Insecurity: Anyone can feel insecure about their bodies. Both men and women can have body image issues, which can lead to sexual performance anxiety. Being naked around a person is an intimate thing and having some fear about how they will perceive your body is common. A partner may not offer the proper support because they don’t understand where the feelings are coming from.  However, people with genophobia think about these insecurities constantly, and they will often be at the forefront of their minds as they’re having sex. A person may also have insecurities around the fear of pregnancy even if they are using birth control

Religious Upbringing: Sex is a taboo topic in many religions. If you were raised to believe that sex should only be reserved for procreation and not pleasure, it might be difficult to dispel those beliefs for yourself. Many religious organizations do not offer sufficient support for people experiencing sexual intimacy problems. Even if you don’t participate in that religion anymore, you may still have those thoughts and fears when you’re in an intimate situation even if it is with someone you have an emotional connection with

Different Fears: Sometimes, genophobia can be the byproduct of another fear. For example, you may have a fear of nudity or fear of contracting an STD. There may be a strong fear of becoming pregnant or a fear of touching — the list goes on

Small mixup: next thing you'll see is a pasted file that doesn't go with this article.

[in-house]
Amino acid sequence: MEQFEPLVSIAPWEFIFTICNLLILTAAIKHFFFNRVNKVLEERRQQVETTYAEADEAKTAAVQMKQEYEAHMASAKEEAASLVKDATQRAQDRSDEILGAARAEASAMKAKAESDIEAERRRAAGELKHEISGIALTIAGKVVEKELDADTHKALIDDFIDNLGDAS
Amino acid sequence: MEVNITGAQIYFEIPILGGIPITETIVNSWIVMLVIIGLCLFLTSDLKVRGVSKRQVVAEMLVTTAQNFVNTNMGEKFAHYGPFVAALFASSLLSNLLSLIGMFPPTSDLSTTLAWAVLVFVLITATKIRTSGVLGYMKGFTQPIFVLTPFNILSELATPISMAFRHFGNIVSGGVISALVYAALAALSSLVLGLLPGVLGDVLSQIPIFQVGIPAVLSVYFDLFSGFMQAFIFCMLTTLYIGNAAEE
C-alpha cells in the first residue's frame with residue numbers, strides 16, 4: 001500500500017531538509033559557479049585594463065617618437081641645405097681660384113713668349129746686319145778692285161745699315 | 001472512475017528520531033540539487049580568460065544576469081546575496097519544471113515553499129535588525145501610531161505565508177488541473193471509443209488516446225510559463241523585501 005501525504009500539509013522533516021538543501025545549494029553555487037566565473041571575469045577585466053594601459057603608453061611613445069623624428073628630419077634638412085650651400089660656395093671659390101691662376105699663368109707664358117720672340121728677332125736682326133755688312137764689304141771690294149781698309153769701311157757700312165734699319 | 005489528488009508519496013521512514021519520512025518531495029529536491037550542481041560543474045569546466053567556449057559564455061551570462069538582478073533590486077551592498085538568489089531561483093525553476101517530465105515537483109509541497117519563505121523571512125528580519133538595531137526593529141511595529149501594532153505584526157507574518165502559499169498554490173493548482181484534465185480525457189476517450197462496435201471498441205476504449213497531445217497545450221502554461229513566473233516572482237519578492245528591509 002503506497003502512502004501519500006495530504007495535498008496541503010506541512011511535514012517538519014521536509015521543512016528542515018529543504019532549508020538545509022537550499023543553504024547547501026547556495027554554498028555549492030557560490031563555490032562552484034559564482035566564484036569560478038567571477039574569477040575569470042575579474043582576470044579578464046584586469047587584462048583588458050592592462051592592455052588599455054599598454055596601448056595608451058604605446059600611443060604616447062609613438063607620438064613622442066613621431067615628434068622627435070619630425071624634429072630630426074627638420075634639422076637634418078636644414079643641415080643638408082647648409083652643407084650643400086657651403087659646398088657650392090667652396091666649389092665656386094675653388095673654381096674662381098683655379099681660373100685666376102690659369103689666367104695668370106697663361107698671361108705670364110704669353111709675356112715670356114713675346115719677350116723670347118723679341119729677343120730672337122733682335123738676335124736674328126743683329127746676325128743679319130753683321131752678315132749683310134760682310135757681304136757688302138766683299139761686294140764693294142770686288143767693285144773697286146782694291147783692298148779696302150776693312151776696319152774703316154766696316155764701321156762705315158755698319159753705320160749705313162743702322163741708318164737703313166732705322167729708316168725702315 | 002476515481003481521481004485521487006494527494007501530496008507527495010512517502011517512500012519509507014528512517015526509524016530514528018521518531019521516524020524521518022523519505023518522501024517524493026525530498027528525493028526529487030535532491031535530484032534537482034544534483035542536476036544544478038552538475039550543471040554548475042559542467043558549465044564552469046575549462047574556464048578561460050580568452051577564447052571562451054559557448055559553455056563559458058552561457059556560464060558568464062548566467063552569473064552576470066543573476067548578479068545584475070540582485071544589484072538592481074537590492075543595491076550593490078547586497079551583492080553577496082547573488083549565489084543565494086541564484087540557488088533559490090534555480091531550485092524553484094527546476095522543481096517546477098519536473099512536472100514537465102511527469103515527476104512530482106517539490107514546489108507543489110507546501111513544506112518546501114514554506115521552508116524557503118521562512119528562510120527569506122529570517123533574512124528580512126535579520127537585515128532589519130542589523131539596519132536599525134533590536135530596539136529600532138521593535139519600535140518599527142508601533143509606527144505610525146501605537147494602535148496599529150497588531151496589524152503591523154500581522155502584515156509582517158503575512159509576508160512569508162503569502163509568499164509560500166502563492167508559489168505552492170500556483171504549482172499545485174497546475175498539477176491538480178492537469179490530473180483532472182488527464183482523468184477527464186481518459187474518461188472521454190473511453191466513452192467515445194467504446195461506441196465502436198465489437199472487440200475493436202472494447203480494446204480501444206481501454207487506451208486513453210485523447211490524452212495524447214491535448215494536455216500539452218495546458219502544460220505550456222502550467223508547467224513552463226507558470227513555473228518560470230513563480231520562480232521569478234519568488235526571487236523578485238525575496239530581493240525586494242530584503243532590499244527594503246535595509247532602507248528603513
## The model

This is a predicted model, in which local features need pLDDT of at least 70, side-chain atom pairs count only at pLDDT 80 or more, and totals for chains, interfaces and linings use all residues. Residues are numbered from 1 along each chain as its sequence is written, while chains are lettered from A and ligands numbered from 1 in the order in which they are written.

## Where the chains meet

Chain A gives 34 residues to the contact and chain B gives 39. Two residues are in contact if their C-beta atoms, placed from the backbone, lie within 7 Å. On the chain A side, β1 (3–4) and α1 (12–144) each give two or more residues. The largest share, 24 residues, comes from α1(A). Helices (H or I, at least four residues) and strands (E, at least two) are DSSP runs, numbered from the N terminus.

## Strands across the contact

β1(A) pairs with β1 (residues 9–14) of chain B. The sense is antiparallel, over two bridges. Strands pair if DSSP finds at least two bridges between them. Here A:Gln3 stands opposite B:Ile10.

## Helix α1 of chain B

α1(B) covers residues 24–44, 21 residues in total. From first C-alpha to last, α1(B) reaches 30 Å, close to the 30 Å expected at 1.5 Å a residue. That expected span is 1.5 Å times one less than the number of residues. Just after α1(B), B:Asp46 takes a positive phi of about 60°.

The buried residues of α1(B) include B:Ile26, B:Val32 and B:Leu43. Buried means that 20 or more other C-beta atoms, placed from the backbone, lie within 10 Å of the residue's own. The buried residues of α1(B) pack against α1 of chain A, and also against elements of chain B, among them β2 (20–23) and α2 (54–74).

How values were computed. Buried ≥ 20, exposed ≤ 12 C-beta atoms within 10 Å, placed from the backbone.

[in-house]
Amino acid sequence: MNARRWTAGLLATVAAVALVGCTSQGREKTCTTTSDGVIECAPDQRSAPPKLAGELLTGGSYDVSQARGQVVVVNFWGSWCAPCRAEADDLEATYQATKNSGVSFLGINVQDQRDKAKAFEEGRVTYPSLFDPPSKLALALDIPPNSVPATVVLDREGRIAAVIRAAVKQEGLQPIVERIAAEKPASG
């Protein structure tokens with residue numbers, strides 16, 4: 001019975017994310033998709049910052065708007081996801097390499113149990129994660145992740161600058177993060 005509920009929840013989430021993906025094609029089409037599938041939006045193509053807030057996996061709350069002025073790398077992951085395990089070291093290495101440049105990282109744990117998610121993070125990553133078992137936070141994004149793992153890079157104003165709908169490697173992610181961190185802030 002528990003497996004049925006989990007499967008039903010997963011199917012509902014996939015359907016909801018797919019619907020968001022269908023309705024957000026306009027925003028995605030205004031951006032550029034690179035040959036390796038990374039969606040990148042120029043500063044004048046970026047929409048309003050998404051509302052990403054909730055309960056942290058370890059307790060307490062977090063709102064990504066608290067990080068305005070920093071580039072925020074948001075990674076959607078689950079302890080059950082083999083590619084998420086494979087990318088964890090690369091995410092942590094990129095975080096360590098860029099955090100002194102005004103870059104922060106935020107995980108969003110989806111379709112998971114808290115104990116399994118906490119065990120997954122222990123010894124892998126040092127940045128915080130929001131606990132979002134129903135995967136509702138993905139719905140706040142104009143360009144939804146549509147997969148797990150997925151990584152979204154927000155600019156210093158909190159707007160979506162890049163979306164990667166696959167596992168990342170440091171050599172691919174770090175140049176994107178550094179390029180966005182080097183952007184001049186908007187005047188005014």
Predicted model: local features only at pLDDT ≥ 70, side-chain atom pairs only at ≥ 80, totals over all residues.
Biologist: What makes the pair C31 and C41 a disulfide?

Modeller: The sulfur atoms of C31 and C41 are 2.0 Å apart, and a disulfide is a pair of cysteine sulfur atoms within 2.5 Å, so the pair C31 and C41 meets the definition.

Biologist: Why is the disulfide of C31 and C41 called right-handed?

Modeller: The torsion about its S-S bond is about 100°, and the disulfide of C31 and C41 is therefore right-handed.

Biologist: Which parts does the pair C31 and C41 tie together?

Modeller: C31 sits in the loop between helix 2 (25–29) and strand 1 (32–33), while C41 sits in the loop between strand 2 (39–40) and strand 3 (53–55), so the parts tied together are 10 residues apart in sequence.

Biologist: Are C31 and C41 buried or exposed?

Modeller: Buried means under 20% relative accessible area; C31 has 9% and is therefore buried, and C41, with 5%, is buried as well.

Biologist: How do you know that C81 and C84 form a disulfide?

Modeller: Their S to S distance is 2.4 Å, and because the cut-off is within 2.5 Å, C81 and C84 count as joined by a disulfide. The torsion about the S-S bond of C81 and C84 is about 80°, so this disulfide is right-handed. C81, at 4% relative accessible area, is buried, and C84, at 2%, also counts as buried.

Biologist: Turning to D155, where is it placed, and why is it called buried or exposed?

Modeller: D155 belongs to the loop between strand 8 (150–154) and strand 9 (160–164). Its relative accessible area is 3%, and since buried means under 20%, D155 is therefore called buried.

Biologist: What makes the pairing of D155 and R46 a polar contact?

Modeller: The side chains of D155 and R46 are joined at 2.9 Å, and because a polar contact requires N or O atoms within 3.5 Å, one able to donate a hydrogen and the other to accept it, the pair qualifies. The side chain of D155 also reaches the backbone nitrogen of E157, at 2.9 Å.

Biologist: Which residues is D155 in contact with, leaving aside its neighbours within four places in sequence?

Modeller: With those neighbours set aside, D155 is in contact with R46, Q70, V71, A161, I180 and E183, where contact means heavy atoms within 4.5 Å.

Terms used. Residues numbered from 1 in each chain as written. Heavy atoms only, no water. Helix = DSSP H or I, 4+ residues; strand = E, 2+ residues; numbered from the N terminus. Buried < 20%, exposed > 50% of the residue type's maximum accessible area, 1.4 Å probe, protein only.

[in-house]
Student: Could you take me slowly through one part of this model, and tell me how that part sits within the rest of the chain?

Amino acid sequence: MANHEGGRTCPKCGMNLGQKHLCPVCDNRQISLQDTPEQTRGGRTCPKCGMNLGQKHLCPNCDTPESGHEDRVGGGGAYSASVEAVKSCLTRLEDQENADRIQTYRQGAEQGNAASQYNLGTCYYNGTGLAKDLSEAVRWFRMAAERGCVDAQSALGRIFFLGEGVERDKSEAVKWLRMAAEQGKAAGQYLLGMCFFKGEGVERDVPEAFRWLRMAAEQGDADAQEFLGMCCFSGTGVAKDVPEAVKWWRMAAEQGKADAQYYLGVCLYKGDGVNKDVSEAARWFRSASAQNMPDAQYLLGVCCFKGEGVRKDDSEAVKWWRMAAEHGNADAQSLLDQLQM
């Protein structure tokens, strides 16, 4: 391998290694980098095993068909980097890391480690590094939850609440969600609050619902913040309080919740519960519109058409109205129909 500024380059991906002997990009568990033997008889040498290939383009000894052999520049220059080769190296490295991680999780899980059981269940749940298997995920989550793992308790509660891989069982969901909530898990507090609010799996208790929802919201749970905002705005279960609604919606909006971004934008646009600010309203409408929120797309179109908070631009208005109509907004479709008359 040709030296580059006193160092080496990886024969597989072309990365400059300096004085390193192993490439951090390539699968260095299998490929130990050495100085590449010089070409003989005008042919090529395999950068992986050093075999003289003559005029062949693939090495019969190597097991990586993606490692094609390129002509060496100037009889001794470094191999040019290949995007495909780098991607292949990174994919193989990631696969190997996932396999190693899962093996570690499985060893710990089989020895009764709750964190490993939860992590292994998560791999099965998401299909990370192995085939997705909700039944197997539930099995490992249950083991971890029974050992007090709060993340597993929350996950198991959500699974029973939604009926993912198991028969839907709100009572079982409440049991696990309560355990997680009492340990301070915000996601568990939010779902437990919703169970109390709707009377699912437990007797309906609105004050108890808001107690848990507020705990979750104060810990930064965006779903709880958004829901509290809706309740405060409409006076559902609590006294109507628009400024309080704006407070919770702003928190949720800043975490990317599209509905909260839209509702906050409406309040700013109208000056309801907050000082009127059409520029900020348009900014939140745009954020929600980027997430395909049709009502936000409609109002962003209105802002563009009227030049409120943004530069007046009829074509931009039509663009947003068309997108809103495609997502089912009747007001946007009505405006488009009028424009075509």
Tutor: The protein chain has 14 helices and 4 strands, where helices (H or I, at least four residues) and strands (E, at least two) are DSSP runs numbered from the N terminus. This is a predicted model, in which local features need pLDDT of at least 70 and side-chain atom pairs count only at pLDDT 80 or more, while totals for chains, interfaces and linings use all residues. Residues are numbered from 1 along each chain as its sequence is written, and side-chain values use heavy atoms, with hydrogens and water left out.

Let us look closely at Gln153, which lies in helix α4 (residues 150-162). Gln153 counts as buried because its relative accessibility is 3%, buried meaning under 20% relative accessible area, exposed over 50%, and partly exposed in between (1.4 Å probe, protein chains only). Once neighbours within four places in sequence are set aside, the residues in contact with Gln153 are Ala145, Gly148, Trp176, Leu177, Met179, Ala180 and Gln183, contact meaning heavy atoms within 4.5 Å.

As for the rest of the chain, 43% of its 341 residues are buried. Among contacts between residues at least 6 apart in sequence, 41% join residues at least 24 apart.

Other Mental Health Issues: Mental disorders (or mental illnesses) could also lead to fear of physical acts and impaired sexual relationships. Examples include generalized anxiety disorder, eating disorders, and body dysmorphia

Painful Sex: Feeling pain during sexual intercourse (dyspareunia) is common but not natural. Sex should not be painful. If you have developed an extreme aversion to sex due to genital pain, it is important to seek professional medical advice to rule out health problems such as infections, STIs, or hormonal problems

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How Do You Move Forward With Genophobia

There is no magic pill to overcome genophobia. Like most specific phobias, it takes time and effort to work through them. Some people never completely get over it but can manage it and maintain a healthy sex life. Here are some ways you can begin to recover from genophobia